How to Sell Your House Without a Realtor
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When you decide it's time to sell your home, you want to walk away from the closing table with as much money as possible in your pocket. For that reason alone, some homeowners want to try selling their house without using a realtor.
Selling a home without a realtor is called “for sale by owner” or FSBO (pronounced in the real estate industry as fiz-bow). FSBO is when the homeowner lists, advertises, markets, and shows their home, as well as negotiates with buyers and closes the deal, all on their own. Or when they sell their home to an iBuying company who claims to make instant offers on a home.
For Sale By Owner (FSBO)
Thinking of selling your home without a real estate agent? Selling your house by owner to the general public may save on commissions, but can come with some headaches. Learn more below about the pros and cons of FSBO – and what you need to know if you decide to sell your home without using a realtor. We'll also discuss five other options for selling your home later on in this article.
Pros of Selling a House Without a Realtor
The most significant benefit of not using an agent to sell your home is not having to pay their commissions, which is, on average, 6% of the selling price. It's usually split between the agent representing the seller and the agent who represents the buyer.
Depending on the buyer's contract with their agent, the buyer may end up paying their agent's 3% commission, or it may fall on the seller in an FSBO transaction. But either way, the seller will likely get to keep 3% – 6% of the home sale price, which otherwise would've gone to agent commissions.
Another advantage of going the FSBO route is that you are in total control of the home sale process. There'll be no go-between when you deal with buyers or their agents. You also get to choose how to market your home and which offers to consider, without the influence or pressure that comes with having an agent represent you.
Cons of Selling Your Home Without an Agent
FSBO sellers don't have as much experience as a realtor, who has real estate expertise from their studies and practice in the field. It's not likely that your knowledge and skills on how to sell your home for the best price will match those of a professional agent.
Also, selling a home requires a lot of time and patience. You'll need to prep the house to make it desirable to potential buyers. Then you'll need to determine the listing price, do all the marketing, respond to inquiries, set up showings, field offers, negotiate with buyers, and more.
Many FSBO sellers inaccurately determine the value of their home, mainly because they have an emotional attachment that can cloud their perceived value. They'll look at listing prices of comparable homes that are active, meaning homes that are currently on the market but haven't sold yet. However, real estate professionals, including appraisers, will only use recently sold homes as comps in determining a home's value.
According to data from the National Association of Realtors' (NAR) 2018 Profile of Home Buyers and Sellers, FSBO homes sold faster than homes listed by an agent. But that's because FBSO homes are often sold to someone the seller knows personally. A 2017 NAR study found that it takes 19 days longer for an FSBO property to sell compared to an agent listed home.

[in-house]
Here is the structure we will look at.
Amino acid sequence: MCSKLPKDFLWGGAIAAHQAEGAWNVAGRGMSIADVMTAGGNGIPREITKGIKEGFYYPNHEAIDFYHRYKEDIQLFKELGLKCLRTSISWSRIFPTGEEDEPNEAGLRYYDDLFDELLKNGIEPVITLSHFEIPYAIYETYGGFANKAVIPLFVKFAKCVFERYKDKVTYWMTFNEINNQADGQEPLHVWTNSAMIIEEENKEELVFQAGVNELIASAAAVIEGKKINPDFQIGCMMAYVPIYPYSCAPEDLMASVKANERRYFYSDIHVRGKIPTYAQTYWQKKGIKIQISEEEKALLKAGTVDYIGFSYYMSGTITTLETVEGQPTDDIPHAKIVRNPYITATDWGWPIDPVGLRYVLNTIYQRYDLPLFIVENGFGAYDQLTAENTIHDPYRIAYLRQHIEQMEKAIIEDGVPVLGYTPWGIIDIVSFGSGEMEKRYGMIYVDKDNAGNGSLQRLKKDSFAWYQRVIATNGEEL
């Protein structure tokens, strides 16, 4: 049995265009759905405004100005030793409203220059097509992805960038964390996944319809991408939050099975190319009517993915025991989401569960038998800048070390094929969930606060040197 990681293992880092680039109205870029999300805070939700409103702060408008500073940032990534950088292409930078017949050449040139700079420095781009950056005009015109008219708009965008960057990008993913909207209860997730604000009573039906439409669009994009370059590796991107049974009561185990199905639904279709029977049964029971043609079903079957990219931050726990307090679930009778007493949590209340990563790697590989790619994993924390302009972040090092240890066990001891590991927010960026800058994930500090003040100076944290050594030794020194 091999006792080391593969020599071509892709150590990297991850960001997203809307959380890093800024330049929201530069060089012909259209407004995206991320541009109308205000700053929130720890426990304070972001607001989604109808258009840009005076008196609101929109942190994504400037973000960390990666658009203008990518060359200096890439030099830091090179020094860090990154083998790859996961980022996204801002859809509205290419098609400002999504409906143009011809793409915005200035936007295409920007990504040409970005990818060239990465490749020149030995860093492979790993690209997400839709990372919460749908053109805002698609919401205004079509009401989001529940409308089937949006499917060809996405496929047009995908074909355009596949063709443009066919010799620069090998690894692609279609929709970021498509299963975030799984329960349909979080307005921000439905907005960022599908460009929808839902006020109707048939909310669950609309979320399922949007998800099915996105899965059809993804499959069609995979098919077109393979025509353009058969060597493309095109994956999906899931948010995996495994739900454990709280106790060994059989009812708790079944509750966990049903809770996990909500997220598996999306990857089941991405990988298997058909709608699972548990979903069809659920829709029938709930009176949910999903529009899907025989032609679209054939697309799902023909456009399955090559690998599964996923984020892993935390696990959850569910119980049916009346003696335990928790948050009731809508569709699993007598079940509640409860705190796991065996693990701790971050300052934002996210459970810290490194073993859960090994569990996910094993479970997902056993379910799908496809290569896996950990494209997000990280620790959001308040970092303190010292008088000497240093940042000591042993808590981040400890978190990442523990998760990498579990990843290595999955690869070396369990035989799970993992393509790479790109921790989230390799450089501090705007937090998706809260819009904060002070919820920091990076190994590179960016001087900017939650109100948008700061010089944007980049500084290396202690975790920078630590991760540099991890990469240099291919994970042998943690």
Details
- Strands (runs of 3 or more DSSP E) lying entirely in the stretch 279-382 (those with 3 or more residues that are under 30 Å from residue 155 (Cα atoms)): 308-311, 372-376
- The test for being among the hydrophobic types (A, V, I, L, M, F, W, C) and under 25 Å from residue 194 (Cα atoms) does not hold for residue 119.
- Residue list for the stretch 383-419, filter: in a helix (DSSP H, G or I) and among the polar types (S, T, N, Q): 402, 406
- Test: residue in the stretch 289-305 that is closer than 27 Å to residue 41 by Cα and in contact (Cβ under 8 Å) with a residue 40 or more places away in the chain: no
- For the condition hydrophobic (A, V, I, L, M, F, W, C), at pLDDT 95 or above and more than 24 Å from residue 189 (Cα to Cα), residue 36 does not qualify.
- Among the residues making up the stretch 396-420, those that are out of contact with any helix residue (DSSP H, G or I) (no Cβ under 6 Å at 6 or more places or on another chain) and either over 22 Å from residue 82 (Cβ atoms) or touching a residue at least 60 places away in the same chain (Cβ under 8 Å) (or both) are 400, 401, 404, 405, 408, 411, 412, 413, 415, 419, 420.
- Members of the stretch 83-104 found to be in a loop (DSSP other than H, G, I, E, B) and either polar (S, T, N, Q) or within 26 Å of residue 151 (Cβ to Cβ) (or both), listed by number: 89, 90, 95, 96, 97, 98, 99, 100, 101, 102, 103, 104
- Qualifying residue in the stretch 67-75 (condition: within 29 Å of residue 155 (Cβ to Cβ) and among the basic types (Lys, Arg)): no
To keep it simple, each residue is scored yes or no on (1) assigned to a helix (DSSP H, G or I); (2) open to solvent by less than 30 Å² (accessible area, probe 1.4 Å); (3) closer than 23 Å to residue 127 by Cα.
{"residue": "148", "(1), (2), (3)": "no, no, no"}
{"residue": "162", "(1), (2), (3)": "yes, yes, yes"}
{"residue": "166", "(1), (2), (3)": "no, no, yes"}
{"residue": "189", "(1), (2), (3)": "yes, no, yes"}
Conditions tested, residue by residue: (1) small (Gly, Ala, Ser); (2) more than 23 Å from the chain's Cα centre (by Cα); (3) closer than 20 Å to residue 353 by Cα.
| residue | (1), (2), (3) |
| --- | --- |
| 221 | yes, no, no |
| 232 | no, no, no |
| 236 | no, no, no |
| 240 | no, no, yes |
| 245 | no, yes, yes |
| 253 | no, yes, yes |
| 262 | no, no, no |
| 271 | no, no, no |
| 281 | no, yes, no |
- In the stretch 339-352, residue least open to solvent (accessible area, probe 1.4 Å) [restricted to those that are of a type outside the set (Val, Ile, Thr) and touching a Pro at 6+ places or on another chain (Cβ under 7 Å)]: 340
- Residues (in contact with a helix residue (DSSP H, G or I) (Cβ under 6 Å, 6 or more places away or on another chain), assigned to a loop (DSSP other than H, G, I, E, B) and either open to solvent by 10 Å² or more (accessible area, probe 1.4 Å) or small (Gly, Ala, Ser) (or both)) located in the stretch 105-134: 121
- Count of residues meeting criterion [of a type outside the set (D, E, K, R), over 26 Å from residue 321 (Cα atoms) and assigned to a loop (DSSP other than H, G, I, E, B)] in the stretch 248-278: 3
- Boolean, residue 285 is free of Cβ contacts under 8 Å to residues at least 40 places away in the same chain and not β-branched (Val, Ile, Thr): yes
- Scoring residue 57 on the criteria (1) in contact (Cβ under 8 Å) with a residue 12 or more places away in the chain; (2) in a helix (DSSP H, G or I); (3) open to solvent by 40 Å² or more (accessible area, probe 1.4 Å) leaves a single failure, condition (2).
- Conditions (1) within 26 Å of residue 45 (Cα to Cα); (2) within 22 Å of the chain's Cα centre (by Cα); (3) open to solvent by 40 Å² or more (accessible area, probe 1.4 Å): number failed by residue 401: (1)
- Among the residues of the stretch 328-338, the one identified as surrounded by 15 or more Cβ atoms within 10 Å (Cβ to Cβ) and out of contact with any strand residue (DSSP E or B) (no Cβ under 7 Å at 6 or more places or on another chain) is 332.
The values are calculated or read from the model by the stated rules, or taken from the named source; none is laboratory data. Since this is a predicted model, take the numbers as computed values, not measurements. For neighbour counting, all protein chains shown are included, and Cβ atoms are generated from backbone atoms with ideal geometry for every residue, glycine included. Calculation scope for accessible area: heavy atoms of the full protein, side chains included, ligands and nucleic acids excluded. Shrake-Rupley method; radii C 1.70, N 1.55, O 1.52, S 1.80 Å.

The NAR study also found that FSBO homes typically sell for a lower sales price. The median sales price of an FSBO home was $200,000 in 2018, which is almost $65,000 less than the median sales price of $264,900 for home sales using a realtor.
According to research by Zillow, 36% of FSBO sellers believe that selling without an agent will save them time, but the opposite is often the reality. They often spend a significant amount of time on the process because they must handle everything themselves. There are upfront costs involved with listing a home. An agent usually covers these costs and reimburses themselves for them via their commission.
The things that take up a significant amount of time and money include:
- Professional photography displaying your home in the best light, literally, is what will initially attract potential buyers. Poor quality, amateur photos will draw in fewer buyers. That's why using a professional real estate photographer is a smart investment. But it can cost a few hundred dollars – more if you want to include video or a virtual tour of your home.
- Marketing materials are a must for selling a home. You'll need a lawn sign, flyers, brochures, and a budget for online advertising of the house on the MLS and other real estate sites. Marketing and advertising alone will cost a few hundred dollars.
- Home showings and having to schedule and facilitate those showings can take up several hours per week. You'll also need to keep the home impeccably clean during showings. Some people find this difficult to do in light of their schedule and may decide to hire professional cleaners. A cleaning service can cost upwards of $100 depending on the size of your home.
- FSBOs usually have a smaller pool of buyers, because the buyer likely won't want to pay their agent's commission, which is generally 3%. Many contracts between a buyer and their agent state that if the buyer purchases an FSBO home, then the buyer is responsible for covering their agent's commission.